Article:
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People who work for private companies that carry out public services would be barred from wearing religious garb. This would include bus drivers. The government has rejected a wider ban on the Islamic veil.


At times Catholic nuns have run afoul of secularist French sentiment. In 2019, an elderly nun who wore a habit received an apology from a French mayor after retirement home staff wrongly rejected her, citing a strict ban on religious garb and “ostentatious” signs of religion.


In October 2019, controversy erupted after a Muslim mother wearing a headscarf accompanied students on a school trip to a regional parliament in eastern France. She was confronted by a member of the far-right National Rally party, who insisted she remove her headscarf.


The proposed bill aims to ensures women’s equality in inheritance. It bans “virginity certificates,” which some doctors provide for religious marriages. The bill would allow a crackdown on forced marriage and polygamy, though critics said existing laws already sufficient.


Community associations that receive public funds must sign a pledge that they are committed to the “principles of liberty, equality, fraternity, and respect of human dignity.” Police officers and prison employees must swear an oath to France’s constitution and national values. Public employees must go through training in secularism, the Associated Press reports.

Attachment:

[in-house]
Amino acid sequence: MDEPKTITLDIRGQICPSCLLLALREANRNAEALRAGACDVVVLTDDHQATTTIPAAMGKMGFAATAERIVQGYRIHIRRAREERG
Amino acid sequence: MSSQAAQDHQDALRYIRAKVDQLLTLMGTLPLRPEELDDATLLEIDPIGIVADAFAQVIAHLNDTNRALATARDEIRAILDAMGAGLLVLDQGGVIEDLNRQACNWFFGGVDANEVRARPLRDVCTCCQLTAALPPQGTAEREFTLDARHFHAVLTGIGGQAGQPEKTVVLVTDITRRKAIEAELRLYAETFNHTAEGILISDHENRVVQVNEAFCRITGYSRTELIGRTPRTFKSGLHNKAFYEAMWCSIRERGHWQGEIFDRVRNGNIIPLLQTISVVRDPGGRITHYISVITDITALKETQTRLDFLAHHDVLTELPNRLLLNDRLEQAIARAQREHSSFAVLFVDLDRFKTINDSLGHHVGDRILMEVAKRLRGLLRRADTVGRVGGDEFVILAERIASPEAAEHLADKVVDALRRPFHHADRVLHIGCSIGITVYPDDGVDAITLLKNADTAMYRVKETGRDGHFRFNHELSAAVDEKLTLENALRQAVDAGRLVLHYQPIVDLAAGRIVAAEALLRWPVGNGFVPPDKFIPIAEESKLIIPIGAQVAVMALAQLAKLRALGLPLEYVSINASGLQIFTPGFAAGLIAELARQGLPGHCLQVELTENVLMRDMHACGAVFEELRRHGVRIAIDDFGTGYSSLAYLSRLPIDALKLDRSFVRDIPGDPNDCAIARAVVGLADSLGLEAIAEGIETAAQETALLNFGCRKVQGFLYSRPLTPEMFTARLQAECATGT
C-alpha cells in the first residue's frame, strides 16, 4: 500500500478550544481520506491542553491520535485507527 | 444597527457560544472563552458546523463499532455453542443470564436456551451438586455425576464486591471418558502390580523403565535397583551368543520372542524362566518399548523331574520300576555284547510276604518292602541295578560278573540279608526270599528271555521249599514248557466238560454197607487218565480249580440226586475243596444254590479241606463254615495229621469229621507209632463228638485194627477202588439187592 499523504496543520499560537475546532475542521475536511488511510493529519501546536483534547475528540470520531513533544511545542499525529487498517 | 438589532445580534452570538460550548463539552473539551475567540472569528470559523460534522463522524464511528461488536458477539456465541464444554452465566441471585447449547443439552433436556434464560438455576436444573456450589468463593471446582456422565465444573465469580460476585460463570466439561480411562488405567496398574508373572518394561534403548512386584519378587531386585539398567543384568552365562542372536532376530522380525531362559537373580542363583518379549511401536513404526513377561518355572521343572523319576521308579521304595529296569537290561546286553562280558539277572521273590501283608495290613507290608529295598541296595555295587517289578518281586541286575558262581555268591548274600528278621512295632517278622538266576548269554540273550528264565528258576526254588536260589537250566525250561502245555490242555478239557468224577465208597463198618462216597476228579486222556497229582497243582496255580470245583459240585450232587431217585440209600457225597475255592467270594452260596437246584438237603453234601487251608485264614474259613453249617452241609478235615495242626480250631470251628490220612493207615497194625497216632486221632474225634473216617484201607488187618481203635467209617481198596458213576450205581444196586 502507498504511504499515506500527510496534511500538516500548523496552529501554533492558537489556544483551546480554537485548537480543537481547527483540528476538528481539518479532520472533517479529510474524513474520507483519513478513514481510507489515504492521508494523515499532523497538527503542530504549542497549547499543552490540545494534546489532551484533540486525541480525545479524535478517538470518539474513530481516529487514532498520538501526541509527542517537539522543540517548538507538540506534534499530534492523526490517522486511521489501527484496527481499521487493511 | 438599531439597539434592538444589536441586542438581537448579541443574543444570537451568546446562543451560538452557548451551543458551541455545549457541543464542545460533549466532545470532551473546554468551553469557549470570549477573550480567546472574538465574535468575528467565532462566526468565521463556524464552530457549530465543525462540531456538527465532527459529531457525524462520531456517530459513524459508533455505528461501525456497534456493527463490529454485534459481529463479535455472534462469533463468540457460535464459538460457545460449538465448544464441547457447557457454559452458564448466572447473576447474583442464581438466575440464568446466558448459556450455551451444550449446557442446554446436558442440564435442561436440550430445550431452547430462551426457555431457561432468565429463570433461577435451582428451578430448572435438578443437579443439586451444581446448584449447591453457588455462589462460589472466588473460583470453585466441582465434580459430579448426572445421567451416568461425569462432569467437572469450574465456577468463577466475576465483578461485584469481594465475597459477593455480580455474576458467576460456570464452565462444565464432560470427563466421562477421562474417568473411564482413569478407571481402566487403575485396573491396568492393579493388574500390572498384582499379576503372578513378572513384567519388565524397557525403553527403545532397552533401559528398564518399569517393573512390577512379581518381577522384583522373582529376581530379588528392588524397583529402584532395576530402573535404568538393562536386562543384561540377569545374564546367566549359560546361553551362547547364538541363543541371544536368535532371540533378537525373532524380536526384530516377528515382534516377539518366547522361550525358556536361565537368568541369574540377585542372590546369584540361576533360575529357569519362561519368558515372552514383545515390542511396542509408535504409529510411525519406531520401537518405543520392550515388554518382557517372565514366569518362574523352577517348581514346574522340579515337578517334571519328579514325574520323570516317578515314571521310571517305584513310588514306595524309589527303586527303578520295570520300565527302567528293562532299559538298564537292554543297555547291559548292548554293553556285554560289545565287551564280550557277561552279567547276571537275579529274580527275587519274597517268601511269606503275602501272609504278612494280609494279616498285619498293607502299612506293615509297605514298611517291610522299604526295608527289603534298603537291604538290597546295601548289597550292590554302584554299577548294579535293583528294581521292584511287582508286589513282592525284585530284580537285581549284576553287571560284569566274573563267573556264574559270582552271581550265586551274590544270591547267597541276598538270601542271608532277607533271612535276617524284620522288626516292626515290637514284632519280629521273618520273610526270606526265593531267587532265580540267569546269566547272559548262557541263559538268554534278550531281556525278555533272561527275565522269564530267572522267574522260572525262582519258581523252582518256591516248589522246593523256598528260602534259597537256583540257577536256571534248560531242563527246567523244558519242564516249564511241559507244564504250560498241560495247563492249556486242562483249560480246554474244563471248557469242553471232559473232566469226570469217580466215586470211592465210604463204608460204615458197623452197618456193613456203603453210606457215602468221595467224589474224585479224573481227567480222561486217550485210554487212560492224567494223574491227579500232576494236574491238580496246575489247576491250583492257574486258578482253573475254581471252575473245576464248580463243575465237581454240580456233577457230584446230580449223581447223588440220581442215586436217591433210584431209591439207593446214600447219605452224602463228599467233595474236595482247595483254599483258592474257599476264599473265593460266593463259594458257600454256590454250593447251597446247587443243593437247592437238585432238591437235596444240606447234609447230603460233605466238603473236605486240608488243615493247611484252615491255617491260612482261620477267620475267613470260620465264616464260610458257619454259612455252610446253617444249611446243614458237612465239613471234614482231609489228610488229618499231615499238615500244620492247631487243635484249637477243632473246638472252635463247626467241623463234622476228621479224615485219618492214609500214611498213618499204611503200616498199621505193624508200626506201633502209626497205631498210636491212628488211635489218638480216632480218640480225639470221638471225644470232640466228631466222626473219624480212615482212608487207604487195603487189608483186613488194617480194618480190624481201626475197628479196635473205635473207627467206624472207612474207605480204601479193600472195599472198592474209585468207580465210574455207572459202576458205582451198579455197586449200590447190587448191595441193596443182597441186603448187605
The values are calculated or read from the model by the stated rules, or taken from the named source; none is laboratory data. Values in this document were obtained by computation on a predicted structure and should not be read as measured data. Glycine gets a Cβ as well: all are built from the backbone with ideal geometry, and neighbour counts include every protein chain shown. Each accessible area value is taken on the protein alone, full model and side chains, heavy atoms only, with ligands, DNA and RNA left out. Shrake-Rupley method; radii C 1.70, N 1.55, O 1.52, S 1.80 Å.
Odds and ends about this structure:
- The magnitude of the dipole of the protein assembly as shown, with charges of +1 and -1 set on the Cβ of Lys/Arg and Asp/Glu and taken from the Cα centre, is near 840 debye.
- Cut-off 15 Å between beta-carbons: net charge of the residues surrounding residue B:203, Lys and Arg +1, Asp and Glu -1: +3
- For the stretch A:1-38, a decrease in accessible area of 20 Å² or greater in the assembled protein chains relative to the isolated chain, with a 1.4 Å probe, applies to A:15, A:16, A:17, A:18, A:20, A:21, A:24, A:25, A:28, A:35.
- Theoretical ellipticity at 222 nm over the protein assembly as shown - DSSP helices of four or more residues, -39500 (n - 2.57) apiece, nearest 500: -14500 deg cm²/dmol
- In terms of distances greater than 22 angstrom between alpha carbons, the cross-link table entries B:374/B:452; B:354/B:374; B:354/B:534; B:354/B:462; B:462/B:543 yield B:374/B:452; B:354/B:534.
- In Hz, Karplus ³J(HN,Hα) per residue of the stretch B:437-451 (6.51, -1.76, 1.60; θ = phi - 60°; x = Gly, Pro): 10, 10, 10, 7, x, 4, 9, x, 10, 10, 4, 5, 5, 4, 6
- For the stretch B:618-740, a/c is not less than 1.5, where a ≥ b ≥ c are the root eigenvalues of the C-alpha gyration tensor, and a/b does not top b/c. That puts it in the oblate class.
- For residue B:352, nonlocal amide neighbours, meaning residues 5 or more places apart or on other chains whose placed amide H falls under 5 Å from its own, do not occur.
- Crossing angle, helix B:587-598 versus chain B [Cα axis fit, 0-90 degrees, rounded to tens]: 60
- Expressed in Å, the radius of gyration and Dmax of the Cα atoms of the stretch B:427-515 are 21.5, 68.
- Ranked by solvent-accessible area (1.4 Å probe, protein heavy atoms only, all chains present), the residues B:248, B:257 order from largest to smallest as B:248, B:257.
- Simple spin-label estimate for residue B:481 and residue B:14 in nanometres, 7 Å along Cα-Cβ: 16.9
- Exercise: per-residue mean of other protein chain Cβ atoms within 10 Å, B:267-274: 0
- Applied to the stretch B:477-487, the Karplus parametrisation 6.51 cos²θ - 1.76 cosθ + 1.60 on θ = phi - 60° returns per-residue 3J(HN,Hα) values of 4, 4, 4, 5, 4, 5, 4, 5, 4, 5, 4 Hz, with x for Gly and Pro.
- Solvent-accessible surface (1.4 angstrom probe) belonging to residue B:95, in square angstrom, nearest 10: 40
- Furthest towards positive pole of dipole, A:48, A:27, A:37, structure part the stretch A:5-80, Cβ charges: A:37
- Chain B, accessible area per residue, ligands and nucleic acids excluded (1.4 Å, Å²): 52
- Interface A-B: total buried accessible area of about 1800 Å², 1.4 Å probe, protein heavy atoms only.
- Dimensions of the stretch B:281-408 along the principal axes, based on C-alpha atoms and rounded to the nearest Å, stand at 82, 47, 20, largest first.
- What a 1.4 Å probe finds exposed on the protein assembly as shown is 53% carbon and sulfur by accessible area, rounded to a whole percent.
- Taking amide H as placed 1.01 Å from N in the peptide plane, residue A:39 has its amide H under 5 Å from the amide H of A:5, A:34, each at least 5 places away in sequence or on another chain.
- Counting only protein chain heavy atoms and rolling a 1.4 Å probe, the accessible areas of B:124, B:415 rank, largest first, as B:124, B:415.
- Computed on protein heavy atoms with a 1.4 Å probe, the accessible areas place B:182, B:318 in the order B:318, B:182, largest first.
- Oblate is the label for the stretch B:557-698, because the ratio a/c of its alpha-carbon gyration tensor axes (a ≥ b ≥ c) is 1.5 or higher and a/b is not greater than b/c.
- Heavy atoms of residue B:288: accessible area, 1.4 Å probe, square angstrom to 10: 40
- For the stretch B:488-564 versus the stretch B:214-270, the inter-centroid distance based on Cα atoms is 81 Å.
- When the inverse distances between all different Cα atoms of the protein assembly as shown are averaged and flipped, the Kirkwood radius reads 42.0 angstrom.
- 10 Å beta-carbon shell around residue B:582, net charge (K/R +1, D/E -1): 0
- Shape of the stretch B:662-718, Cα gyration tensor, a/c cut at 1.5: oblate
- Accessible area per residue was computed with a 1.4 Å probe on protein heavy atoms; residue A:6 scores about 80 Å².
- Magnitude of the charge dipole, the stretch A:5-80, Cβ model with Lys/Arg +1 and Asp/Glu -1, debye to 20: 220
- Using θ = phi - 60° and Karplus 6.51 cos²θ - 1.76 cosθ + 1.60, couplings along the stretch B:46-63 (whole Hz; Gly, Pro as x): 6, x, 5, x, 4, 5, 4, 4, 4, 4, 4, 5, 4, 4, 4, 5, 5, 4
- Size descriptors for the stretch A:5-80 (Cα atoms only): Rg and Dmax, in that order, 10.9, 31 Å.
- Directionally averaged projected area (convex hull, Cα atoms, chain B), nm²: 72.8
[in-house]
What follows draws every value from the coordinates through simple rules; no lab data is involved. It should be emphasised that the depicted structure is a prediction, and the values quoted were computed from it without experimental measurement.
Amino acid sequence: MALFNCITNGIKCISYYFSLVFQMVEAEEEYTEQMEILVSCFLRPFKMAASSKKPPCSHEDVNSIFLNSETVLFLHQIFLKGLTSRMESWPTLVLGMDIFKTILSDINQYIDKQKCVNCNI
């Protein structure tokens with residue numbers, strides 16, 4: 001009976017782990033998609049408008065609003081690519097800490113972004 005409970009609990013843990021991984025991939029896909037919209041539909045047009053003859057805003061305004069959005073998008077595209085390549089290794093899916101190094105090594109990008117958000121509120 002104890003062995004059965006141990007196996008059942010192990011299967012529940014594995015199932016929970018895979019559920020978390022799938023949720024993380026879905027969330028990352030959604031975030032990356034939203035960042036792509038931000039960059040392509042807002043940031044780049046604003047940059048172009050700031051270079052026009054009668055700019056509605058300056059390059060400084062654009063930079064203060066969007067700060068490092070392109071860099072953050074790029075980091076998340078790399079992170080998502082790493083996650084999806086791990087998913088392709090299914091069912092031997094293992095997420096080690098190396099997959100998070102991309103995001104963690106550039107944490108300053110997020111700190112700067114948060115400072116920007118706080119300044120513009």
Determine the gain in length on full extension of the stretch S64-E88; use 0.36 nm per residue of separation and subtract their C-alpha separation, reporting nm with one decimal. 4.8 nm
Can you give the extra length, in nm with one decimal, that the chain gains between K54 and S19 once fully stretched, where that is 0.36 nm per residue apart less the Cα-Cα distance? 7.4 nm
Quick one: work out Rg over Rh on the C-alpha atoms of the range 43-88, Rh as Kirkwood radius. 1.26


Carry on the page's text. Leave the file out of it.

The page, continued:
The bill bans disclosing personal information about someone, known in internet parlance as doxing, while knowing it will put a person in danger.


The bill particularly drew support after the killing of middle school teacher Samuel Paty. The teacher had attracted much criticism from some Muslims after complaints that he showed caricatures of Islam’s Prophet Mohammed in his class on free speech. After critics posted the address of his suburban Paris school, Abdoullakh Anzorov, an 18-year-old Muslim immigrant and Russian national of Chechen descent, who grew up in France, beheaded him. Anzorov was then killed by police.


Paty’s killing prompted the government to close several mosques and shutter two leading Muslim organizations, the Baraka City charity and the Collective against Islamophobia in France, Agence France Presse reports.


Macron’s defense of the caricatures as free speech prompted protests among Muslims in other countries and some nationwide boycotts of French products.


Just days after the killing of Paty, an attacker shouting Islamic slogans killed three people at Basilica of Notre-Dame de Nice.